Things To Consider Before Opening A Medical Practice

Psychiatry practice with patient and doctor talking

Another day in our brave new world, and another decision to make.   

Whether you choose to open a private practice or not, this decision is one we know will impact you – both personally and professionally. 

So, settle into a comfy chair, put your feet up and let us guide you through all of the considerations of opening a private practice. 

Playing the long game

Building a great practice is like a very long game of Tetris; from accounting, staffing and billing to outfitting and, of course, choosing the right practice management software – your success requires the various pieces of the practice to fit together in just the right ways.  

We work with specialists  like you every day and we’ve been there and done that more than a few times over. So here are some recommendations we’ve collated to help you get off on the right foot. 

Research and plan

Chat to colleagues in your professional networks – a wide range of perspectives from other specialists, practice managers, administration staff, and nurses should help you get a feel for the options.  

Consider establishing more formal mentorships or fellowships with practitioners in your field and business relationships with specialist advisers. A mentor may help you choose the right pathways and give you the confidence you need to forge ahead.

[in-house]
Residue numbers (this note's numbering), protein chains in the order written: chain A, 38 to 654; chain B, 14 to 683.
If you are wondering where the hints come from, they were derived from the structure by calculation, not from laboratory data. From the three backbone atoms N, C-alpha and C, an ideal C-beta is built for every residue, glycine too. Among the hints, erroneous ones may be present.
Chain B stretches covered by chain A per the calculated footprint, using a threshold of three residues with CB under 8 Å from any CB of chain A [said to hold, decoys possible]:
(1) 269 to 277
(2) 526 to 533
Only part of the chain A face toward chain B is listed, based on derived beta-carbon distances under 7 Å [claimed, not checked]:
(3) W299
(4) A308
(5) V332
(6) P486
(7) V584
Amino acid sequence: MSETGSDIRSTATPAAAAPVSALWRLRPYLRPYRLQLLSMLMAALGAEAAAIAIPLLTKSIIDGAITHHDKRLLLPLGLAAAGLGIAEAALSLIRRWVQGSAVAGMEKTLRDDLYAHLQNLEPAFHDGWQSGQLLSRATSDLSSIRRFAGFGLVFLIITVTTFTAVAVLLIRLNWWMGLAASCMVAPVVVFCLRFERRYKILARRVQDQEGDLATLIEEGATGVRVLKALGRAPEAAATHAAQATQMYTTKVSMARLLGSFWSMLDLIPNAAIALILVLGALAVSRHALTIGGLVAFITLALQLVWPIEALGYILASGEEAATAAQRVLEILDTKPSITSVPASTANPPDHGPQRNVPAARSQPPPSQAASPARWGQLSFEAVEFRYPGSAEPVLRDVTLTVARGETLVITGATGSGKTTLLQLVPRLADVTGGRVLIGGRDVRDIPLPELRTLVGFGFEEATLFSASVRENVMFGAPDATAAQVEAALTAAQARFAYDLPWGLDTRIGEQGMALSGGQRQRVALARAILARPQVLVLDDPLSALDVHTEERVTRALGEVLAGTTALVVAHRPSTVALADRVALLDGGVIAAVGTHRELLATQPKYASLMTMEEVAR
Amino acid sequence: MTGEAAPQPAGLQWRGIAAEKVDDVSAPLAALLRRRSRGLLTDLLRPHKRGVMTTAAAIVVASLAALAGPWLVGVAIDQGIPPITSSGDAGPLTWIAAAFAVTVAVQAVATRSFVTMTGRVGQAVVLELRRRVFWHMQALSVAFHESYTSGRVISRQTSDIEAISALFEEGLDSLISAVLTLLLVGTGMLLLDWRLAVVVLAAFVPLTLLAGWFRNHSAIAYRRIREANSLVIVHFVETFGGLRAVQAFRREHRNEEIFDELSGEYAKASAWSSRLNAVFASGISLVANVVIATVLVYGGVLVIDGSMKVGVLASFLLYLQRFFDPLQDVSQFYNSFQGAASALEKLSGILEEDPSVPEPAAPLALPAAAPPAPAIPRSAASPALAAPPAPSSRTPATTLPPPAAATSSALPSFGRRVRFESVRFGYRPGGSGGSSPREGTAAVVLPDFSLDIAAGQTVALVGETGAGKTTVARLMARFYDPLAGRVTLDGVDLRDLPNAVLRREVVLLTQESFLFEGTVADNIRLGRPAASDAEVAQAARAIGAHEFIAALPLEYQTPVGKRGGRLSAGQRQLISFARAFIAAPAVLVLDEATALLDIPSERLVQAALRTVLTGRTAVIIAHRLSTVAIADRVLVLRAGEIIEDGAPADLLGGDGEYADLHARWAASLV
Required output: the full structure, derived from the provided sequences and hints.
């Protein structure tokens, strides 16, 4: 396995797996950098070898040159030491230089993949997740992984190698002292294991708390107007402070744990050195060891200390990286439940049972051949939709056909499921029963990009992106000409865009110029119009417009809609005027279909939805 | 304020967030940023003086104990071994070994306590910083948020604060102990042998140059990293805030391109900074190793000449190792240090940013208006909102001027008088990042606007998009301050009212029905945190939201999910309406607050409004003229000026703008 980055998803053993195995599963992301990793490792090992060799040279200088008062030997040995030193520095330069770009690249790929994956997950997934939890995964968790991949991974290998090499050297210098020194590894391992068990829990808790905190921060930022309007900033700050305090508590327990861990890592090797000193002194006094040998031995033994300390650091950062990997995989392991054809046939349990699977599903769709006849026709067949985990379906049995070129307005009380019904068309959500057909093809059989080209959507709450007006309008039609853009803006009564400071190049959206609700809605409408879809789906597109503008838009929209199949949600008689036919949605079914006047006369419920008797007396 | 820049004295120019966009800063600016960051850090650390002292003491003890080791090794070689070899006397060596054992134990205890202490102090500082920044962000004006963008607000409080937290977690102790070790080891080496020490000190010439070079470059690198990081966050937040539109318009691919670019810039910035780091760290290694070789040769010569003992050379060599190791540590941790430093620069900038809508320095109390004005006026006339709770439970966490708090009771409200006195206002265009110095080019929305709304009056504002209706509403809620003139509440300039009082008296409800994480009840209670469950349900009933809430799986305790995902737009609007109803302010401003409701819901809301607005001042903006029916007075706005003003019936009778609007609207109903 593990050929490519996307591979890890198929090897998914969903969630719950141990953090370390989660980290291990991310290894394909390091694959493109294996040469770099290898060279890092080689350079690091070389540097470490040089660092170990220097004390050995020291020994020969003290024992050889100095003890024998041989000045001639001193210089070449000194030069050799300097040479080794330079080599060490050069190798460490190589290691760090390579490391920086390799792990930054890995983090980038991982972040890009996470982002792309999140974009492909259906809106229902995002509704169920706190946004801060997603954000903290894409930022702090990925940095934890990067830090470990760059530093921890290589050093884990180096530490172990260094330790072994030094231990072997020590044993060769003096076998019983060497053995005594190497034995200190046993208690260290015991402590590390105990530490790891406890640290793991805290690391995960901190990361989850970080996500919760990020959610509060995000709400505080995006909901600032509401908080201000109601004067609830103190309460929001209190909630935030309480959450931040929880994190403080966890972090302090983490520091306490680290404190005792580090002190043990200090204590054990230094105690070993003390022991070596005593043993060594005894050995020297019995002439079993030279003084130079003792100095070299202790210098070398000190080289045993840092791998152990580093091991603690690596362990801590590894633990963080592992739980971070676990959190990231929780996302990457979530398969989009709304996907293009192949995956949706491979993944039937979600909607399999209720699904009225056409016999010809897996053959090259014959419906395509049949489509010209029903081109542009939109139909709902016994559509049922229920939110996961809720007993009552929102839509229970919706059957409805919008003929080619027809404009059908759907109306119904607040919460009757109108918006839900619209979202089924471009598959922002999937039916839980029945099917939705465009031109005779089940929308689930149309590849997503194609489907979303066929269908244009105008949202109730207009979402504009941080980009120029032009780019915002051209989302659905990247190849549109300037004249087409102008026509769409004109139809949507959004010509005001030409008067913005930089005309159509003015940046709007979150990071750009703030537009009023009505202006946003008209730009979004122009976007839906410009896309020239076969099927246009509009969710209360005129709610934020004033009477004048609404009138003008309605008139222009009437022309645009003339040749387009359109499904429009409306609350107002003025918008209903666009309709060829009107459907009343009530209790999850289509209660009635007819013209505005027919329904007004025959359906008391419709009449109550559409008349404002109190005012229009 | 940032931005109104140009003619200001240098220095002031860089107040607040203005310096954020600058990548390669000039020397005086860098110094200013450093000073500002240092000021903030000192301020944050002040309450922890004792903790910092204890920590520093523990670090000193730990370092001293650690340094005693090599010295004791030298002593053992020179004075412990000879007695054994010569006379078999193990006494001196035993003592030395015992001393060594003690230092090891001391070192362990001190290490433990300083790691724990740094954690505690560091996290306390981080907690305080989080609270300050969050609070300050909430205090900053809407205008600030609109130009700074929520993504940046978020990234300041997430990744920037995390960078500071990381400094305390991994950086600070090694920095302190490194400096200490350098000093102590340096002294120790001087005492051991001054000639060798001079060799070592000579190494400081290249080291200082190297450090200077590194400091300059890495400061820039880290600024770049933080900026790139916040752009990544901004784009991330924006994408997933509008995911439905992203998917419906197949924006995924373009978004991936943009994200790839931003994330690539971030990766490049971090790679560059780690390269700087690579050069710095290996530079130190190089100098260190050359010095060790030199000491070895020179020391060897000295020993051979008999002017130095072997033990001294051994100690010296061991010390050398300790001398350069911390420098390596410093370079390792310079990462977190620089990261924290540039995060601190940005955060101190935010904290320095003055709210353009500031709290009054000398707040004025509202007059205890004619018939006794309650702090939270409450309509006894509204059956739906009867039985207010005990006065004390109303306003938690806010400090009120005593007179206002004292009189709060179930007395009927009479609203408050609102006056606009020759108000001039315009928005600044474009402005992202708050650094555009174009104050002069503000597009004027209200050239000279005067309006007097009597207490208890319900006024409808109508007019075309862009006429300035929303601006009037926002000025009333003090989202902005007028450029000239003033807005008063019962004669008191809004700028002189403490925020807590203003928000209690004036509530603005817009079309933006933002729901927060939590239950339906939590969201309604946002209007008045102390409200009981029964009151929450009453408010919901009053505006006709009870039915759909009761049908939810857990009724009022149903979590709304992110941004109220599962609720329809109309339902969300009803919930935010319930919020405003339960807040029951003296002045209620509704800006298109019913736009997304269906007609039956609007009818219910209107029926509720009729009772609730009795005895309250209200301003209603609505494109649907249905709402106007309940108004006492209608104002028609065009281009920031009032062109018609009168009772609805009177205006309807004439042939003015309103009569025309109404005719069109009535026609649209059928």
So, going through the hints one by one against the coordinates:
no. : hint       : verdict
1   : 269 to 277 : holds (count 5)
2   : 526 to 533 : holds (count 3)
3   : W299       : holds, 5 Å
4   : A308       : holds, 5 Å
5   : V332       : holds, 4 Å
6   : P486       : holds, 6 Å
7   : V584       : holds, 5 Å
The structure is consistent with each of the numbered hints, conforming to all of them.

Establish a strong network of GPs, whose referrals will generate much of your business.  

A foundation of strong relationships and strategic objectives to steer you in the right direction will reduce uncertainty and stress and ensure your first experiences in private practice are positive ones.

Medical professional and practice manager standing in clinic

The right path, for you

So, you’ve weighed the pro’s and con’s and decided private practice is a good fit for you.

What now?  

There are a few options to consider:  

Go out on your own – find the right practice space, fit it out, hire and train staff, implement IT systems, processes, hardware and software.  

Go out on your own (with virtual support) – find the right practice space, fit it out, implement IT systems, processes, hardware and software and employ virtual practice management resources to run your practice.  

Rent a room in an existing practice or sessional suites – allows you flexibility to continue other medical work, such as working in the public health system, while building your business. If you remain an independent provider but share rooms, you still get to enjoy clinical autonomy.  

Join a collective of specialists – to take advantage of the benefits of shared resources – such as staffing, IT and rent – which reduces your costs. Just remember to put agreements in place for managing clinical data, e.g. who does the patient data belong to if one of you wants to leave?

Want to learn more about getting your practice up and running? Check out our New to Private Practice Guide

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